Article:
Q: You describe Williams as “the Mary Cassatt you’ve never heard of”.  Why was her story and her art forgotten, and what can that tell us about how women artists are erased from history?

A: A Gilded Age woman artist could far more easily make a name for herself if, like Mary Cassatt, she had family money, no need for a day job, a network of wealthy patrons, and a long life with time to try to get her paintings in the hands of institutions and prominent collectors. The more productive a woman artist had time and resources to be, the more she could exhibit, the more reviews appeared in her lifetime, the more of her works survive, the more collectors, curators and dealers now know of her, the higher the prices—it all snowballs. It accounts for the fact that today, Mary Cassatt is one of few women artists people outside the art world can name, along with Georgia O’Keeffe and Frida Kahlo. And there was subtle and unsubtle entrenched misogyny everywhere in the art world that “my” Mary writes about: sneering male critics, exhibitions that women could only attend on “ladies’ days,” male art dealers who publicly praised but privately mocked mediocre paintings by famous men—Mary quotes some great gossip she heard at New York galleries. Mary’s letters also reveal the small dreary demands that reduced women’s productivity. She describes hours spent waxing her floors and getting custom clothes made—ready-to-wear didn’t exist in her day. And after her sudden death, her surviving sisters, one of them a retired teacher and the other a homemaker, with no expertise in maneuvering in the art world, could not do much more for Mary’s legacy than to make sure her letters and paintings were safe and dry. Which is how they were, slumbering away in the hands of a Williams family friend’s descendants, when I stumbled upon them in a funny way in 2012.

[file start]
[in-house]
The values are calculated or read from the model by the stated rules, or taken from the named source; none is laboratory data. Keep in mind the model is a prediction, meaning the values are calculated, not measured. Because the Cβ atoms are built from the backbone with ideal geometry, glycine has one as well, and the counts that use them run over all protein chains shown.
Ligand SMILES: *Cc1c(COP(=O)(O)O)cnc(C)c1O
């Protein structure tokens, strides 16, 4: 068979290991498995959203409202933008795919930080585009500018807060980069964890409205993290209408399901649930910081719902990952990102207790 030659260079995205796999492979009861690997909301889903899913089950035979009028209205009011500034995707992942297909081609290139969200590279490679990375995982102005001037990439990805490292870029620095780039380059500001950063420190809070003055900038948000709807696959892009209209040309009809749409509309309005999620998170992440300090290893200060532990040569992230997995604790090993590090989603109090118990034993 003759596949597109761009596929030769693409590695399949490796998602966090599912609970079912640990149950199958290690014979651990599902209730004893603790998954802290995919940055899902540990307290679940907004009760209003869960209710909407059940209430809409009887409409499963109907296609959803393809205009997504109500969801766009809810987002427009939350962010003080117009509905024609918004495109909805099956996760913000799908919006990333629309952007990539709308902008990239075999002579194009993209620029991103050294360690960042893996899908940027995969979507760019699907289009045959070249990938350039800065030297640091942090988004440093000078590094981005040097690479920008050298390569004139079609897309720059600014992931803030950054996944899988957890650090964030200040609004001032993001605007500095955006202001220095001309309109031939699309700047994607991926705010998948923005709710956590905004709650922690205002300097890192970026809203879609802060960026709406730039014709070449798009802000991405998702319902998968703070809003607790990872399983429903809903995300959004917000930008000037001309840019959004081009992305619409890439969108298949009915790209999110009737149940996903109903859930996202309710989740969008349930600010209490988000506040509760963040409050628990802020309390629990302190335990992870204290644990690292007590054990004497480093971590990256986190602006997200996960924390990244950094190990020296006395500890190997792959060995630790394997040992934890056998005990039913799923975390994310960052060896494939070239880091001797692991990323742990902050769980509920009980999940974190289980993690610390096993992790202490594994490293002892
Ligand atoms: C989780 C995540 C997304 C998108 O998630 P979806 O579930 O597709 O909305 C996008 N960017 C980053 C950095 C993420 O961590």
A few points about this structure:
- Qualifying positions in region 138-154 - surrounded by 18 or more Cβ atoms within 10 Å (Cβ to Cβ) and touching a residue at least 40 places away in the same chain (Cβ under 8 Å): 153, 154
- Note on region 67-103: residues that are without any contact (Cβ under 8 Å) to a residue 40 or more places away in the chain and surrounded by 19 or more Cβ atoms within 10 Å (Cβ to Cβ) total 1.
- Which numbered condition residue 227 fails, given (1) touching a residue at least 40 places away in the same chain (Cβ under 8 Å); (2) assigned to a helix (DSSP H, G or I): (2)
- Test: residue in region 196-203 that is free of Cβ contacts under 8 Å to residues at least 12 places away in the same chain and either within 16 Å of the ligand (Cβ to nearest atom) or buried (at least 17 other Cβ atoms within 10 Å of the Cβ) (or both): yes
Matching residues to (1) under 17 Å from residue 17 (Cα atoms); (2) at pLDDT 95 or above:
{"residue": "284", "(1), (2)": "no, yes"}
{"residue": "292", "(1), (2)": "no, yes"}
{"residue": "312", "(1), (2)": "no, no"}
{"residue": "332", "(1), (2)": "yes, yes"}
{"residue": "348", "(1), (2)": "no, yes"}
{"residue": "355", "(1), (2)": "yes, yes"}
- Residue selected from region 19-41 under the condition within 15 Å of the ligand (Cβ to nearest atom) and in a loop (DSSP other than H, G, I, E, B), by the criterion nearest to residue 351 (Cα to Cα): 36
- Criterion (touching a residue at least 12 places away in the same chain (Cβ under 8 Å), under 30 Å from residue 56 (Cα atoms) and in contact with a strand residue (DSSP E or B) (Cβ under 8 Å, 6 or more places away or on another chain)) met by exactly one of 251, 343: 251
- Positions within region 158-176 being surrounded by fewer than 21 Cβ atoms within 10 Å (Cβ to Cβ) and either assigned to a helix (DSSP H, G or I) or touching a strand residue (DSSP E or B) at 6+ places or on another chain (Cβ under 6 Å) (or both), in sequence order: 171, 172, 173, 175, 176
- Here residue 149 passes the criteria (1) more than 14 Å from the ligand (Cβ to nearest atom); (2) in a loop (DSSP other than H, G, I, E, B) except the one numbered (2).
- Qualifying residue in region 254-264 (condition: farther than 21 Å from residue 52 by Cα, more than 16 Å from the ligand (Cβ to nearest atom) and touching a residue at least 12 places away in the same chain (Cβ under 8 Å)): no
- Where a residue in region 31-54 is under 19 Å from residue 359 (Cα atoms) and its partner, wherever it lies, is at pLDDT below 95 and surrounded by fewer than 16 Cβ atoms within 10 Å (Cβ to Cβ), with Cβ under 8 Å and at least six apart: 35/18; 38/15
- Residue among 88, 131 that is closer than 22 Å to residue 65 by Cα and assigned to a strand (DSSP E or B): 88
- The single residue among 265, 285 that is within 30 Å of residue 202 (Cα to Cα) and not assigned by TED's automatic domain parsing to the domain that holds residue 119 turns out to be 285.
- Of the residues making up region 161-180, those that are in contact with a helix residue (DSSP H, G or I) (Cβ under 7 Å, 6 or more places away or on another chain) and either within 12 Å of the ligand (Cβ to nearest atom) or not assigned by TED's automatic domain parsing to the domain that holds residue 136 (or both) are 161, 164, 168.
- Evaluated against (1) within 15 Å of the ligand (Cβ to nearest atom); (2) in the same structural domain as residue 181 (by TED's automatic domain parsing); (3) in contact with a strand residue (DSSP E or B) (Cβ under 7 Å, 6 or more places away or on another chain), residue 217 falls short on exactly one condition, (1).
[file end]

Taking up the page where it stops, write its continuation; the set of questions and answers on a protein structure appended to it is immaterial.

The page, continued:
Question for Pamela: My current biography subject, the writer and reformer Zoe Anderson Norris (1860-1914), heroically documented desperate immigrant poverty on the Lower East Side. But she also said about a dozen prejudiced things that I for one wish she hadn’t—and which, had she lived longer, she might have regretted as times changed around her and not wanted in her biography. How do you deal with some really unfortunate words or actions in the life of a deeply interesting person you admire enough to write about? How do you ask for some kind of forgiveness and perspective from the reader, without downplaying the missteps too much, what’s the right balance?

I think novelist Hilary Mantel said it best in a talk she gave to the Royal Society of Literature in 2010: ”Learn to tolerate strange worldviews. Don’t pervert the values of the past. Women in former eras were downtrodden and frequently assented to it. Generally speaking, our ancestors were not tolerant, liberal or democratic. Your characters probably did not read The Guardian, and very likely believed in hellfire, beating children and hanging malefactors. Can you live with that?”

As a biographer or a history, I think the most useful thing we can do is state clearly that our subjects held ideas that are troubling from a modern perspective, and often stated them in ways that we find offensive. And then to place those ideas within their historical context—not in an attempt to excuse them, or downplay them, but to explain them.

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Want to know more about Eve Kahn and her work?

Check out her website:

Read this interview in Vogue: American Impressionist Mary Rogers Williams Is Finally Getting the Recognition She Deserves

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Come back tomorrow for three questions and an answer with author and musician Kathryn Atwood, who writes collective biographies about women in war for younger readers.